A union is a group of people freely contracting to supply prospective employers with consistent, productive labor. Any individual can negotiate rules of their employment contract with an employer – including rate of pay, overtime, vacation, etc. A union would negotiate the same but for all of its members needed to work for a specific employer, and an employer might find dealing with a union more easy than dealing individually with an equivalent number of random strangers. But that is the nature of capitalism: trading value for value. A laissez-faire union could command high wages if it is willing to guarantee that the workers the union provides to the employer are all highly productive individuals. Effectively, the union is equivalent to an employment contracting agency, with a pool of talent to be placed with appropriate employers. It is in the union’s best interests to maintain a high level of productivity and consistency among its workers (workers show up on time, are easy to work with, require little oversight, perform their jobs with skill, etc.), thereby relieving the employer of the burden of micro-managing the set of employees provided by the union. Contrast that with the uncertainty and unpredictability of searching for, interviewing, qualifying, and testing an equivalent number of random individuals. If unions can provide value, a laissez-faire capitalist system will welcome them with open arms.

  • Bonnie Bertrand

    Right to work laws take the teeth out of collective bargaining laws. To regard them as “equally rights-violating” and “equally illegitimate” fails to recognize this fact.

  • http://www.facebook.com/profile.php?id=792713886 James Young

    So, in light of the inability to repeal one set of coercive laws, libertarians shouldn’t support the mitigation of their coercive effects?

    Too often, libertarians make the perfect the enemy of the good. This discussion is one such instance.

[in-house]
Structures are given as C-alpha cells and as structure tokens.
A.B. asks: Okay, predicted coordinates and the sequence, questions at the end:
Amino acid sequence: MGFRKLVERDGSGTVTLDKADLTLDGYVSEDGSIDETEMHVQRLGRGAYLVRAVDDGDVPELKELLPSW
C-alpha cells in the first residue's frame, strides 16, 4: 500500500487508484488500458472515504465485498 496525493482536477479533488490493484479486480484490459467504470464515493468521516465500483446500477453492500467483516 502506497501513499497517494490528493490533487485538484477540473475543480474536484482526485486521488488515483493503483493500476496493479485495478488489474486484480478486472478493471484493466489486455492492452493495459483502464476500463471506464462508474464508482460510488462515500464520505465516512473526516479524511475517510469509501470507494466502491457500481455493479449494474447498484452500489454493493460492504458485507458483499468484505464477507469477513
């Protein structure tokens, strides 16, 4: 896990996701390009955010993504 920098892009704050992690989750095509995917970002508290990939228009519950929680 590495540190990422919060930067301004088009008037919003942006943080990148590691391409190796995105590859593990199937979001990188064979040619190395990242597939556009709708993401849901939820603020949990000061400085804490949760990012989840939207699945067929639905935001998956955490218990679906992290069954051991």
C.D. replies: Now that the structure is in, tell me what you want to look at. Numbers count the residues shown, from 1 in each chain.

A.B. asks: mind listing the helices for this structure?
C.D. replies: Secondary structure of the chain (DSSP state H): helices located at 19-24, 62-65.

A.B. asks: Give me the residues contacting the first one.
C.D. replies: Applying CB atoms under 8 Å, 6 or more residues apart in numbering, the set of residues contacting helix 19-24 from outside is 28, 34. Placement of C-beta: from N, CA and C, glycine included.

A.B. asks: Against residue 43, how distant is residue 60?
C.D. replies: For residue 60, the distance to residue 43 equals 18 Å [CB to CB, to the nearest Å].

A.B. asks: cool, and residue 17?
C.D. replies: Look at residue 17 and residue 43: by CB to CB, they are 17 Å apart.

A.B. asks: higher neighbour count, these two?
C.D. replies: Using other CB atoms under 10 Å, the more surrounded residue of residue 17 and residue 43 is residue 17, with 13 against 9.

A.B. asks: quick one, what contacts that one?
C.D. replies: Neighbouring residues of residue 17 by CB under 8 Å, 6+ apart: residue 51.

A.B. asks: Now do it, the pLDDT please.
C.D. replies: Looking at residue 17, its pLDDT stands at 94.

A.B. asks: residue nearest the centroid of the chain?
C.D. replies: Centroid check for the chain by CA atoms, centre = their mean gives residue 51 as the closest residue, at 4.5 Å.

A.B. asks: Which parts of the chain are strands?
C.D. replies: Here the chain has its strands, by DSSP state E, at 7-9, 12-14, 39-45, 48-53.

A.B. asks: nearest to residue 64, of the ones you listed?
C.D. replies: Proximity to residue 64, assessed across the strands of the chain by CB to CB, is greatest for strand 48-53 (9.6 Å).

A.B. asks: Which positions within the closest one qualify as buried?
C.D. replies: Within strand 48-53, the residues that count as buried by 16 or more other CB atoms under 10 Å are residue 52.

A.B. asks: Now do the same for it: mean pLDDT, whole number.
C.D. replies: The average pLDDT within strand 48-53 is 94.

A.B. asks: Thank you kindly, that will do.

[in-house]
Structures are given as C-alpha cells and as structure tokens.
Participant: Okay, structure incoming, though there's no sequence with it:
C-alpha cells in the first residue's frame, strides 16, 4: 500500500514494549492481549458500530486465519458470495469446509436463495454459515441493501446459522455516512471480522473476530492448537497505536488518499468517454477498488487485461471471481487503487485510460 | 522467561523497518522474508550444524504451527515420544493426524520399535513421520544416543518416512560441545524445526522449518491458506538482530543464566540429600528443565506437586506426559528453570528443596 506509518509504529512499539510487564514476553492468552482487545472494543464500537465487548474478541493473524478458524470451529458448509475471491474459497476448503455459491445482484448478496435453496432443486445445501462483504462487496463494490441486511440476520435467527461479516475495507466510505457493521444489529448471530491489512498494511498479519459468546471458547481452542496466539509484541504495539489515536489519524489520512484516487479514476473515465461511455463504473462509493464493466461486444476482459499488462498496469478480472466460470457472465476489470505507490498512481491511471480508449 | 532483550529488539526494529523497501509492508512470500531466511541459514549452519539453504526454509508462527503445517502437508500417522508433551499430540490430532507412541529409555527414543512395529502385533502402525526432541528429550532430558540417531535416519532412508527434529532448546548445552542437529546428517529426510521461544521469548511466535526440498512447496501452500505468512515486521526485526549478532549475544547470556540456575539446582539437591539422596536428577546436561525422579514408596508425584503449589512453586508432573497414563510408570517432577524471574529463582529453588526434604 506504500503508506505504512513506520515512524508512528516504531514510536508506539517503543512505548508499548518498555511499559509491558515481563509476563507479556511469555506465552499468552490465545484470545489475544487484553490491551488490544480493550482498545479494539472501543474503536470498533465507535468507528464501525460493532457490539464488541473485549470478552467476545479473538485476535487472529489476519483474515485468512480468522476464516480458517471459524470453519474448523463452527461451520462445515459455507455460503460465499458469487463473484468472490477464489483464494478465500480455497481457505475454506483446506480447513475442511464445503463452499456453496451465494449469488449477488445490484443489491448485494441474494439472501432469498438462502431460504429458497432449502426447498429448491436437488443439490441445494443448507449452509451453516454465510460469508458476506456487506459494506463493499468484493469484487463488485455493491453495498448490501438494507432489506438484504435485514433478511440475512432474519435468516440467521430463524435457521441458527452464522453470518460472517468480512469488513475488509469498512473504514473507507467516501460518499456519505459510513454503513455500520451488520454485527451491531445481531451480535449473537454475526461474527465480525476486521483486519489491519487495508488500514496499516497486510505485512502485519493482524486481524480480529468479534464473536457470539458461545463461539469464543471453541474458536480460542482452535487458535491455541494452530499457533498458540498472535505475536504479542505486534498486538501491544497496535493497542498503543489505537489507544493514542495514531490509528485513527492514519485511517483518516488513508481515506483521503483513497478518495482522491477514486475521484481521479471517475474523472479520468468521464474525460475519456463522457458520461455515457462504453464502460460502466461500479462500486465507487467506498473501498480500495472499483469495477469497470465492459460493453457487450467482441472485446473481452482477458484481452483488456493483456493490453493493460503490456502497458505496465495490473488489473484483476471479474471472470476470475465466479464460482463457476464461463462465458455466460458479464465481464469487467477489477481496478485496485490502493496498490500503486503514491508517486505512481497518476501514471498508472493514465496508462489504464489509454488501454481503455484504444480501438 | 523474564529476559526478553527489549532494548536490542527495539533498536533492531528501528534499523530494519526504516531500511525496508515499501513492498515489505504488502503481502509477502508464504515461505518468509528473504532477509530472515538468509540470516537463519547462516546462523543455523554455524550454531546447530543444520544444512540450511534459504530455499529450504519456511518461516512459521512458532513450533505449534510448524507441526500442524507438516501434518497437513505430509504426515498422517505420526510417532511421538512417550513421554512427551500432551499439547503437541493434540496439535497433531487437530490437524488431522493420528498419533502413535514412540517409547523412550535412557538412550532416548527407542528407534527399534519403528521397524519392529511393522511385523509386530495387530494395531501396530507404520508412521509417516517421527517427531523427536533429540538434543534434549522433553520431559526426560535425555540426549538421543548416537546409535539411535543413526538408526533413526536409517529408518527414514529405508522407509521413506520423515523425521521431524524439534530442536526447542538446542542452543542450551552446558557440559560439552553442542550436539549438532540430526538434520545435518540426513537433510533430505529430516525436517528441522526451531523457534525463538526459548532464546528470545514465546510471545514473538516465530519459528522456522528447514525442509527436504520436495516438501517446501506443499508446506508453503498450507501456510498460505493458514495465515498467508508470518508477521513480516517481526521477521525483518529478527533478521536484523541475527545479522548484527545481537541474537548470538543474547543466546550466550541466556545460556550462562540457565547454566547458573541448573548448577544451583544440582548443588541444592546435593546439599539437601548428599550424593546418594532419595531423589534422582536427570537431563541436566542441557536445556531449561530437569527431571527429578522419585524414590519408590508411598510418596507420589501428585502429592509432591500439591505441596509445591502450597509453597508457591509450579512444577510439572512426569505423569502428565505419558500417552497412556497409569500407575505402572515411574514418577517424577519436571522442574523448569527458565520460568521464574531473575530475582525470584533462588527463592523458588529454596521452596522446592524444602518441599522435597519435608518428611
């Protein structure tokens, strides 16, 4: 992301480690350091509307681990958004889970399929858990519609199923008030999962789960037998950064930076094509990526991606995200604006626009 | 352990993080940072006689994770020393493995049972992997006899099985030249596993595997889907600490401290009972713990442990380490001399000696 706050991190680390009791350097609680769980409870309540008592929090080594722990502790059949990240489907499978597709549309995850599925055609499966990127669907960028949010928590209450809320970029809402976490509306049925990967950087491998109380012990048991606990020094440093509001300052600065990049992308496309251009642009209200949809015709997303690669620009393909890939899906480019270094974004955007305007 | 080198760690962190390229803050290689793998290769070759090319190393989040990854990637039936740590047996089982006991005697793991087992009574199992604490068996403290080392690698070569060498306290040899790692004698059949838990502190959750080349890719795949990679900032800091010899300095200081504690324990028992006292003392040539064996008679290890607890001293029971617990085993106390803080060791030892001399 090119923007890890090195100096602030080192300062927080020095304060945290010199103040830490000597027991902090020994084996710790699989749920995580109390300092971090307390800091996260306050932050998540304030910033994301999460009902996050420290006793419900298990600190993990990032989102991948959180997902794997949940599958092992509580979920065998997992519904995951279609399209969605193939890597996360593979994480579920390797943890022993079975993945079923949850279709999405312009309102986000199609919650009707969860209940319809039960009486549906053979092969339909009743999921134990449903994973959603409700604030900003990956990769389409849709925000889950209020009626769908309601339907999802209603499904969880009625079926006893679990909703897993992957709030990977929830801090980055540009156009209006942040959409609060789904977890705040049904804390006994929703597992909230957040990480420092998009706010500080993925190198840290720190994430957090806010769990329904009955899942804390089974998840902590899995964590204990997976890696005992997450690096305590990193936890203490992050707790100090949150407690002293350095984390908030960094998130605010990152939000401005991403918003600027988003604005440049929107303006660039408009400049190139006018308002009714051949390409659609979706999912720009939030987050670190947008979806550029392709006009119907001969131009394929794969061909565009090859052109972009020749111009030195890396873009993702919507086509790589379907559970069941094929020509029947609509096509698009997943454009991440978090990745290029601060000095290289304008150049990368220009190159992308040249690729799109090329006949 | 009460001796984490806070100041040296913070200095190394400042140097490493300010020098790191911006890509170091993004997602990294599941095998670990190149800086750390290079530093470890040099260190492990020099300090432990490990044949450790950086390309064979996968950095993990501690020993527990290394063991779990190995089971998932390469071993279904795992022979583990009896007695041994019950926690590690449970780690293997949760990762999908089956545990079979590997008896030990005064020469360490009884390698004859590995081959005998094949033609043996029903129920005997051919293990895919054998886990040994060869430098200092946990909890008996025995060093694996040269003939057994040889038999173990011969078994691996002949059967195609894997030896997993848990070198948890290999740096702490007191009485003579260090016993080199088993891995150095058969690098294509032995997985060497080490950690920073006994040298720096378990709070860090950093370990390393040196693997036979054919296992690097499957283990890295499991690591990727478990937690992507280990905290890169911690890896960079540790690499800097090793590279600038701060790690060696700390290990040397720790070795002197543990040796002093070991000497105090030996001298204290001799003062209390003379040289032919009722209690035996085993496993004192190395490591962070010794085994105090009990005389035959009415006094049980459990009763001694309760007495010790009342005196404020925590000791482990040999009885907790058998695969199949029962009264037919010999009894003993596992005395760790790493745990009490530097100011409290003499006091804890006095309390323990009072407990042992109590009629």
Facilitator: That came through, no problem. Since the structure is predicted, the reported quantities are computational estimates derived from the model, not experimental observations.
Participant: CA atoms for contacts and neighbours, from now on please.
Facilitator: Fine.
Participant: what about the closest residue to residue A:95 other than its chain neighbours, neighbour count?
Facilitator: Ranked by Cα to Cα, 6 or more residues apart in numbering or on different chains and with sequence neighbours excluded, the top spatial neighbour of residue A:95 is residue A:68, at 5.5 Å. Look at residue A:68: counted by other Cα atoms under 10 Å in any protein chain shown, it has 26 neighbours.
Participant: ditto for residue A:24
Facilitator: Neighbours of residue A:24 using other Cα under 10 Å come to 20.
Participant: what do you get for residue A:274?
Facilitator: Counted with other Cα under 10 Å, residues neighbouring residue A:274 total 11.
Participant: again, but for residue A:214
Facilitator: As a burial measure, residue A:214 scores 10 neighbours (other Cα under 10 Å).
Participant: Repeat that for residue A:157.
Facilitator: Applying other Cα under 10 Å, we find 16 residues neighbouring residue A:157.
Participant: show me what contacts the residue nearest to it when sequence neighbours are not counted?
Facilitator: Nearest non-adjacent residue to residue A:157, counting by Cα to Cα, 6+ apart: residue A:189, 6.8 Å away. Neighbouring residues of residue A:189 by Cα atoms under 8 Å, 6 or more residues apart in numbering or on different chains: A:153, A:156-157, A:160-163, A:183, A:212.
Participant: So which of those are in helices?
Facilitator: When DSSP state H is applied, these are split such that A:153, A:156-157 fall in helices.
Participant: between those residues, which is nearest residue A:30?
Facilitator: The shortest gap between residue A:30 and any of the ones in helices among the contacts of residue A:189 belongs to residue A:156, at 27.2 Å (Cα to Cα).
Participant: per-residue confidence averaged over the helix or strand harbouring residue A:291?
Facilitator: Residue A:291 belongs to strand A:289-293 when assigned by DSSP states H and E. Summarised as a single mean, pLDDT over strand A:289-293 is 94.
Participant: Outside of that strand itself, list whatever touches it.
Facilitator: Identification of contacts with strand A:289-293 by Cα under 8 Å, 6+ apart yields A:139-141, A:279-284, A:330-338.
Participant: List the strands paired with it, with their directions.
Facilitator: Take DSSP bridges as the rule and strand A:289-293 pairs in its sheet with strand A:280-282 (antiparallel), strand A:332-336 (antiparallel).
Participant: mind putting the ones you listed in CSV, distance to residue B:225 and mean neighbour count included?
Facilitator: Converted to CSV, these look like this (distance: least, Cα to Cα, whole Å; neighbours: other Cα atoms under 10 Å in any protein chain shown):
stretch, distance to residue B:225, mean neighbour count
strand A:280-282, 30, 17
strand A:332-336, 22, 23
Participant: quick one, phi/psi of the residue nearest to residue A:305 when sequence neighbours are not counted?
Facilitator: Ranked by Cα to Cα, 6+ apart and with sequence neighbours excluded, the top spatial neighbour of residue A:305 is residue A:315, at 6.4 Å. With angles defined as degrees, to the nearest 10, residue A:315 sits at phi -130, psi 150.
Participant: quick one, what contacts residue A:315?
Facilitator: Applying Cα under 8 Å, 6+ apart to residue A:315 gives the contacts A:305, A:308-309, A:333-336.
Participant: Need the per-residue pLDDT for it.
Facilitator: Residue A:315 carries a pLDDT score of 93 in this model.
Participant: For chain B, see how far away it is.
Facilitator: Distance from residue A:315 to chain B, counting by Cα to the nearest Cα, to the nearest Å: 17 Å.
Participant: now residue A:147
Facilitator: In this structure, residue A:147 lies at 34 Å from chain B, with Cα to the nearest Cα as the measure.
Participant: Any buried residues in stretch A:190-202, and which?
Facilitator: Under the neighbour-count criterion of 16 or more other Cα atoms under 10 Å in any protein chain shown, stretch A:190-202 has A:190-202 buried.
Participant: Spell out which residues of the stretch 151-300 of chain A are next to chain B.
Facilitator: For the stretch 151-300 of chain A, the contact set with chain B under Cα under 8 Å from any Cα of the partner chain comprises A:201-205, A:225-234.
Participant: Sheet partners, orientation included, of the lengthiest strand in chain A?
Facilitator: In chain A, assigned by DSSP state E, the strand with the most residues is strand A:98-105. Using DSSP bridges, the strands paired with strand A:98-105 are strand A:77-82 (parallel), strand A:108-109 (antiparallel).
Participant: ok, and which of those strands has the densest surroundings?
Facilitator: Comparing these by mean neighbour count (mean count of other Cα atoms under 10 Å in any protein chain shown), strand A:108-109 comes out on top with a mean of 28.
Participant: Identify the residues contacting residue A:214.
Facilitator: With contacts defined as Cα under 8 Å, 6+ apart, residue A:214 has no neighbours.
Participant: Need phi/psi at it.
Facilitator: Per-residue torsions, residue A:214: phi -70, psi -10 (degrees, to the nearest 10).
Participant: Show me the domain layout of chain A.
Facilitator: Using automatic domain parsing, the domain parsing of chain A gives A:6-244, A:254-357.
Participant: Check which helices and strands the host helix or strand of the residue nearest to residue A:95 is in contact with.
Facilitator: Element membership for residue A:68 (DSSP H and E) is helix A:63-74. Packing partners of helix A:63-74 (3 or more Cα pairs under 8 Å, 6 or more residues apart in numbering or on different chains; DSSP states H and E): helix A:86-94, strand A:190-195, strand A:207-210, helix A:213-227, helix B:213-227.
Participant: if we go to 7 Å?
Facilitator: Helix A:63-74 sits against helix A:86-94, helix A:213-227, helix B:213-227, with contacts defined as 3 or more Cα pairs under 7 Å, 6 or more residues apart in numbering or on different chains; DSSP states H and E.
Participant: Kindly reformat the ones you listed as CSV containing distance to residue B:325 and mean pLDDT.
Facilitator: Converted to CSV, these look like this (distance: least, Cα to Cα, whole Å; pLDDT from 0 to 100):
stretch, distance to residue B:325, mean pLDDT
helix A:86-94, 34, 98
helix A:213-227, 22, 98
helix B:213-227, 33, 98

• http://www.facebook.com/people/Michael-A-LaFerrara/100001601178840 Michael A LaFerrara

    Bonnie and James:

    Right-to-work laws go quite a bit beyond mitigating the coercive effects of or taking the teeth out of coercive union-empowering laws: They outlaw certain perfectly legitimate union-company contractual agreements. By accepting this, one accepts as legitimate the same statist premise that underpins laws like the Wagner Act; that government may dictate labor-management contractual terms.

    If a “right-to-work” law actually went no further than to neutralize the effects of bad labor laws, it might be worthy of support from pro-individual rights forces.

  • Friend of John Galt

    I worked 21+ years for a railroad. Starting in a union contract covered clerical position, I worked my way up into management ranks — and was designated as the management “hearing officer” for union employee disciplinary actions during the last couple of years of my employment there.

    First, I was shocked to discover (fresh from the educational system, believing all the lessons taught in Civics classes) that I was forced to pay initiation fees and monthly dues to a union as a condition of my employment. I wondered how this could possibly be true, given the “freedoms” talked about in the Constitution and Bill of Rights. Here, I was being forced, against my will, to join a union.

    It’s not like I applied for membership in the union — which then got me a job (as certain craft unions in the building trades apparently do) — I was interviewed by the HR department of the employer, who decided to offer me a job. The union only became an issue ONCE I WAS EMPLOYED and was told by the UNION representative that I HAD to join — no choice. (Of course, I lived in a “closed shop” state at the time.)

    I later came to understand that there were 26 different unions covering various classes of employees at this particular railroad. (Several unions merged over the years, but there are still 18 or 20 even today.)